MVPD subs are not entitled to refunds for channels blacked out during retrans or programming carriage disputes if they have signed a contract that precludes such refunds.
That is according to the Eighth Circuit U.S. Court of Appeals, whose baseline message to subs appeared to be: Read the fine print before signing up.
In an Oct. 4 decision, the Eighth Circuit court reversed a district court's refusal to grant Dish's motion to dismiss a class action suit over the loss of Turner and Fox News channels in a carriage impasse.
Dish had said the plaintiffs did not have grounds to seek refunds, and the Eighth Circuit agreed, pointing to the following contract language:
"You are not entitled to any refund because of deletion, rearrangement or change of any programming, programming packages or other Services," and "Neither we nor our third-party billing agents will be liable for any interruption in any service or for any delay or failure to perform, including without limitation, if such interruption, delay or failure to perform arises in connection with the termination or suspension of DISH network's access to all or any portion of services."
The district court had ruled that if Dish can't be held liable for the interruption of any or all of its channels for any length of time, the contract is "illusory."
The Eighth Circuit disagreed, saying that an illusory contract was unenforceable from the outset, while in this case the contract had been in force for many years before the Turner and Fox blackouts and both parties had provided "substantial performance," i.e. Dish had been delivering most or all of its channels and subs had been paying their bills. A contract is not illusory (under Colorado law at least) when a party with "seemingly unlimited discretion in performing has at least partially performed."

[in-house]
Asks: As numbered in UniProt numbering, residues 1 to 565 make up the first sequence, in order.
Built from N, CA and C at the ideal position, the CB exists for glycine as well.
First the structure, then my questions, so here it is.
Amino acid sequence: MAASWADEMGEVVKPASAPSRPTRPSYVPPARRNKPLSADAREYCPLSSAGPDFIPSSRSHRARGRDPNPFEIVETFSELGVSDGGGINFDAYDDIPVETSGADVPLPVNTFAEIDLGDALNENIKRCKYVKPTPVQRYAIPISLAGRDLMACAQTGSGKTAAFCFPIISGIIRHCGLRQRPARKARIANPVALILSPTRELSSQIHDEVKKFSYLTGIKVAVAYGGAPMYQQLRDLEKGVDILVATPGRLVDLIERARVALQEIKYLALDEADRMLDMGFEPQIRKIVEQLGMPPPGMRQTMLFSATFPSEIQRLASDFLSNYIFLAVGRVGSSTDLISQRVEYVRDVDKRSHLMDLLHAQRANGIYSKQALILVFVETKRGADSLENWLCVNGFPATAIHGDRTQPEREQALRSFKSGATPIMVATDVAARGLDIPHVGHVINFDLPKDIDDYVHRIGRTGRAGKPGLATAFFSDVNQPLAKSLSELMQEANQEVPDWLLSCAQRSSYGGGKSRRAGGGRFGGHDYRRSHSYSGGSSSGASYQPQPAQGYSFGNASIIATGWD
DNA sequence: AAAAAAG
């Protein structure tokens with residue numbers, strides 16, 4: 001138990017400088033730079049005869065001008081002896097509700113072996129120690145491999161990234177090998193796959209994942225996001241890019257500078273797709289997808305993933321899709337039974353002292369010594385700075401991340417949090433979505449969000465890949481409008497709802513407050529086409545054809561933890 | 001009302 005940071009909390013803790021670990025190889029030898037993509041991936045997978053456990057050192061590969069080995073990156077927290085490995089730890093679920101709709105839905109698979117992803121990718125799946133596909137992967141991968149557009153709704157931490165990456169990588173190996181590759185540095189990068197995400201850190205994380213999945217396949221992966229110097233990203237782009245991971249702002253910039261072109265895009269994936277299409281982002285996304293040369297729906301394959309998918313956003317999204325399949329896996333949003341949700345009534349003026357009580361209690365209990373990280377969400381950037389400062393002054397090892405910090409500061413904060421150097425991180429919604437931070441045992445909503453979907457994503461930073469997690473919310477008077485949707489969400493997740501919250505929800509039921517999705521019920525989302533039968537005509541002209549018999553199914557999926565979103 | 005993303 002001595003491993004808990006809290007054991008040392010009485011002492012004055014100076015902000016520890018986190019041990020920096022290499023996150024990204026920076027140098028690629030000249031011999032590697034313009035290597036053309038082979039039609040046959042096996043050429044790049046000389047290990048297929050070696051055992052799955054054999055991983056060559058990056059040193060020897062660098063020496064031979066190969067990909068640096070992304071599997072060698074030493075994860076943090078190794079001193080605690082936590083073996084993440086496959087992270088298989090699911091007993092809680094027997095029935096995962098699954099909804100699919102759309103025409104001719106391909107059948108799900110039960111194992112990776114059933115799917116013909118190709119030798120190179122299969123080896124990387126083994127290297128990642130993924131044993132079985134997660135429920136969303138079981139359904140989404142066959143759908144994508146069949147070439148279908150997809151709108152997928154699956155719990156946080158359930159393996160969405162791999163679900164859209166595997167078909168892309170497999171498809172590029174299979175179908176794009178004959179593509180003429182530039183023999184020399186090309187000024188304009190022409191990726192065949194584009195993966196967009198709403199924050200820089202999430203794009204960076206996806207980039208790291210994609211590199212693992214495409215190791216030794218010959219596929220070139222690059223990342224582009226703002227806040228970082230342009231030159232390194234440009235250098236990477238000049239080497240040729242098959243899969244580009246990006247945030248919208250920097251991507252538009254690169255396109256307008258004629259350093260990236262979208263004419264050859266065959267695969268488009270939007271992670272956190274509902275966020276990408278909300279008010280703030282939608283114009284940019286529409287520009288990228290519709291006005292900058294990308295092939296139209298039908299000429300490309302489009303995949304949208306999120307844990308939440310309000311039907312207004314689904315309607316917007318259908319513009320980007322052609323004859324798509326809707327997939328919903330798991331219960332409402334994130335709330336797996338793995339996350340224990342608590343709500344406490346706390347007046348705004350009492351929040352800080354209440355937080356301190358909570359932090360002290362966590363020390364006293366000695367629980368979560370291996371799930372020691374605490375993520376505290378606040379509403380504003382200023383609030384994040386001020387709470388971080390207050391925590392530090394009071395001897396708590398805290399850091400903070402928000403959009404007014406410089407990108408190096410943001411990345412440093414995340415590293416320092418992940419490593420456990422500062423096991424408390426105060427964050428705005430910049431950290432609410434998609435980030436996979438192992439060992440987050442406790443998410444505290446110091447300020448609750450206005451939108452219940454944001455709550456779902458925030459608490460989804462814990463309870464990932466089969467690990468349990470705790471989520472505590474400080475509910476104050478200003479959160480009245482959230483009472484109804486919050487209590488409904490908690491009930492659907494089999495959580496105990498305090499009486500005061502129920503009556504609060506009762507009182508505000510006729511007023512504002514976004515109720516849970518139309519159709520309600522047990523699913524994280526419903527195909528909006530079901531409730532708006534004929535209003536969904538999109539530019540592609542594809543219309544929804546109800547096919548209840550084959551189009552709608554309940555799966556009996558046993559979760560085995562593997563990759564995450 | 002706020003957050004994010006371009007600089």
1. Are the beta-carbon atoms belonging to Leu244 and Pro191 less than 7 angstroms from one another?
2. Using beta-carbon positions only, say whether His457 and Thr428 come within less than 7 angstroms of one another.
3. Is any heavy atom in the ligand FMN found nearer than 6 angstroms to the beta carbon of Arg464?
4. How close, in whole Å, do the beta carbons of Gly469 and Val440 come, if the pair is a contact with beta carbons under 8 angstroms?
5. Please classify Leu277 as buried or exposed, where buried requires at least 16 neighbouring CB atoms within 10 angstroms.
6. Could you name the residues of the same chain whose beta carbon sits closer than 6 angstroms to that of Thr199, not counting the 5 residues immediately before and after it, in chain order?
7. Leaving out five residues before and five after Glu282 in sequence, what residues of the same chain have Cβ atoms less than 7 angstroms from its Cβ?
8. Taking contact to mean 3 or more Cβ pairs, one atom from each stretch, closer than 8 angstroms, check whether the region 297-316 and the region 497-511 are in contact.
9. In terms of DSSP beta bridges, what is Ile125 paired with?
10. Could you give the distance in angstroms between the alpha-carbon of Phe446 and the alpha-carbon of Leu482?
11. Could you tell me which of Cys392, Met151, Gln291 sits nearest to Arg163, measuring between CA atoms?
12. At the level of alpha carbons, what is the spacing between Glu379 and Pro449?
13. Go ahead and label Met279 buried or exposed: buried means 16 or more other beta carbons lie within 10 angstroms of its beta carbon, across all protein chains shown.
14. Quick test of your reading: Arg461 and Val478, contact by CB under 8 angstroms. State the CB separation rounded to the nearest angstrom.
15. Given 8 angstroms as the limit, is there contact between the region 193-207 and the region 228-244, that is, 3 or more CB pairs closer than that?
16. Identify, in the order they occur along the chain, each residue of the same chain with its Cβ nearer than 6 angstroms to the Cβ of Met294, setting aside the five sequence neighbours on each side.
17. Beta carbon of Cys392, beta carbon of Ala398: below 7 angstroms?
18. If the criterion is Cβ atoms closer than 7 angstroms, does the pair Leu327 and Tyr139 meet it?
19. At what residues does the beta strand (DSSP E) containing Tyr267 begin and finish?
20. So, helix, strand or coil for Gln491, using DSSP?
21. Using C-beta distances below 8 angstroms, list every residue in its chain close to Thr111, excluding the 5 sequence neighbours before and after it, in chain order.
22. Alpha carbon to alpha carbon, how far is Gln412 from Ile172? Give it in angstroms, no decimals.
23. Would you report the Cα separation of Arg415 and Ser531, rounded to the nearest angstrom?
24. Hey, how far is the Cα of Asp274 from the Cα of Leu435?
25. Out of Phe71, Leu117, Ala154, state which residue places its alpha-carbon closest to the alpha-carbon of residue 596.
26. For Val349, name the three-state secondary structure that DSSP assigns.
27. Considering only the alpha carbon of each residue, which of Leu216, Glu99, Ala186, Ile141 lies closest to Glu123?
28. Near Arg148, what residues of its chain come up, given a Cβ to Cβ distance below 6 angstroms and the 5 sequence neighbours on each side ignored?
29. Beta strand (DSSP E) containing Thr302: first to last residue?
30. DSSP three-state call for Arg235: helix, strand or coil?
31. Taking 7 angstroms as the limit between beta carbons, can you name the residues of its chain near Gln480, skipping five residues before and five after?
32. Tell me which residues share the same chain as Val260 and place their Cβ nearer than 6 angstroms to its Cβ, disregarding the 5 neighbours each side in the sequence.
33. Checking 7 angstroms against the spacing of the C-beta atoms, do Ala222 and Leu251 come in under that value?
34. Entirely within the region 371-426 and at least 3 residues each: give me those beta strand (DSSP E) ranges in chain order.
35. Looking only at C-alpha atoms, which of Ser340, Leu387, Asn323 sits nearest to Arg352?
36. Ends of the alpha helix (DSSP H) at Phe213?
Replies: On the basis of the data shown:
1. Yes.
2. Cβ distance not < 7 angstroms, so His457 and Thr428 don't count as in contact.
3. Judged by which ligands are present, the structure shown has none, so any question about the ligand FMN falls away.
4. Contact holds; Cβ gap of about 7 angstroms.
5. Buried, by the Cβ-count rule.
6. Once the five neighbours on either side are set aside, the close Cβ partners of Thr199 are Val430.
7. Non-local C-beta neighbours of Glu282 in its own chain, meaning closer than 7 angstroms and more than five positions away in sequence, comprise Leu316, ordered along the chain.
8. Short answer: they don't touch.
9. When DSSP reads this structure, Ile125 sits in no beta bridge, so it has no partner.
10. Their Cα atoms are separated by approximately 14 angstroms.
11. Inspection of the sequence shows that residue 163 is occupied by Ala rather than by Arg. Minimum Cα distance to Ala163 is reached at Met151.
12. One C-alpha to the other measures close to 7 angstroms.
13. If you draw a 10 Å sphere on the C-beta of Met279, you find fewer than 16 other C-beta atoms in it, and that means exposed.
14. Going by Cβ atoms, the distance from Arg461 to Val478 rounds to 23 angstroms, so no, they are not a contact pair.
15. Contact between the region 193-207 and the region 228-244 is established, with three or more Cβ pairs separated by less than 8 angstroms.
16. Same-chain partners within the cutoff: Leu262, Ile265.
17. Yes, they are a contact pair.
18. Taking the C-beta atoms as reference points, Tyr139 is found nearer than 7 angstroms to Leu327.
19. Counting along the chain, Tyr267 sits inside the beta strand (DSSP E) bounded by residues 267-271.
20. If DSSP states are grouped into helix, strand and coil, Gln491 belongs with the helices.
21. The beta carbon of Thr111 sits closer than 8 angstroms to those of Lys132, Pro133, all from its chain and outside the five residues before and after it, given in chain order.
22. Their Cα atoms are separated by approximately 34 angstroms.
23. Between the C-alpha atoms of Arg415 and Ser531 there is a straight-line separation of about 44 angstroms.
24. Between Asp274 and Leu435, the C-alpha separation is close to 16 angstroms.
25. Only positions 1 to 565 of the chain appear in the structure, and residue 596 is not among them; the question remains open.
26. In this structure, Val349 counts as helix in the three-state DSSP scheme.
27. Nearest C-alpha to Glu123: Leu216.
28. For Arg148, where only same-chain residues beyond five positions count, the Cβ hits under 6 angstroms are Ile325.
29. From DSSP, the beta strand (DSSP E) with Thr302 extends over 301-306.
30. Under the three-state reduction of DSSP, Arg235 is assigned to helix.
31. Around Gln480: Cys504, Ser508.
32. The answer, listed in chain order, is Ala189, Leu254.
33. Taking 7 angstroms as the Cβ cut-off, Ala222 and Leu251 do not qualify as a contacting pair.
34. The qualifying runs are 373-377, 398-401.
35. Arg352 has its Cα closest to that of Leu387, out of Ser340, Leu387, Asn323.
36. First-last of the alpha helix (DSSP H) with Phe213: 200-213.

Having concluded the contract was not illusory, the Eighth Circuit proceeded to the question of whether if it was not illusory, does Dish still have some duty "of good faith and fair dealing" to provide relief when it deleted programming for which subs had paid. Under Colorado law, there is an implied duty of good faith and fair dealing, but that does not trump "terms and conditions" a party (in this case the sub) has bargained for, said the court.
“[I]mplied duty of good faith and fair dealing ‘requires that a party vested with contractual discretion exercise that discretion reasonably.’”
"DISH’s duty to exercise its discretion to change programming in good faith cannot be the legal basis for a claim to monetary relief that is precluded by unambiguous terms of the Subscription Agreement," the court ruled, concluding that the district court had improperly converted the good faith covenant into an additional contract term.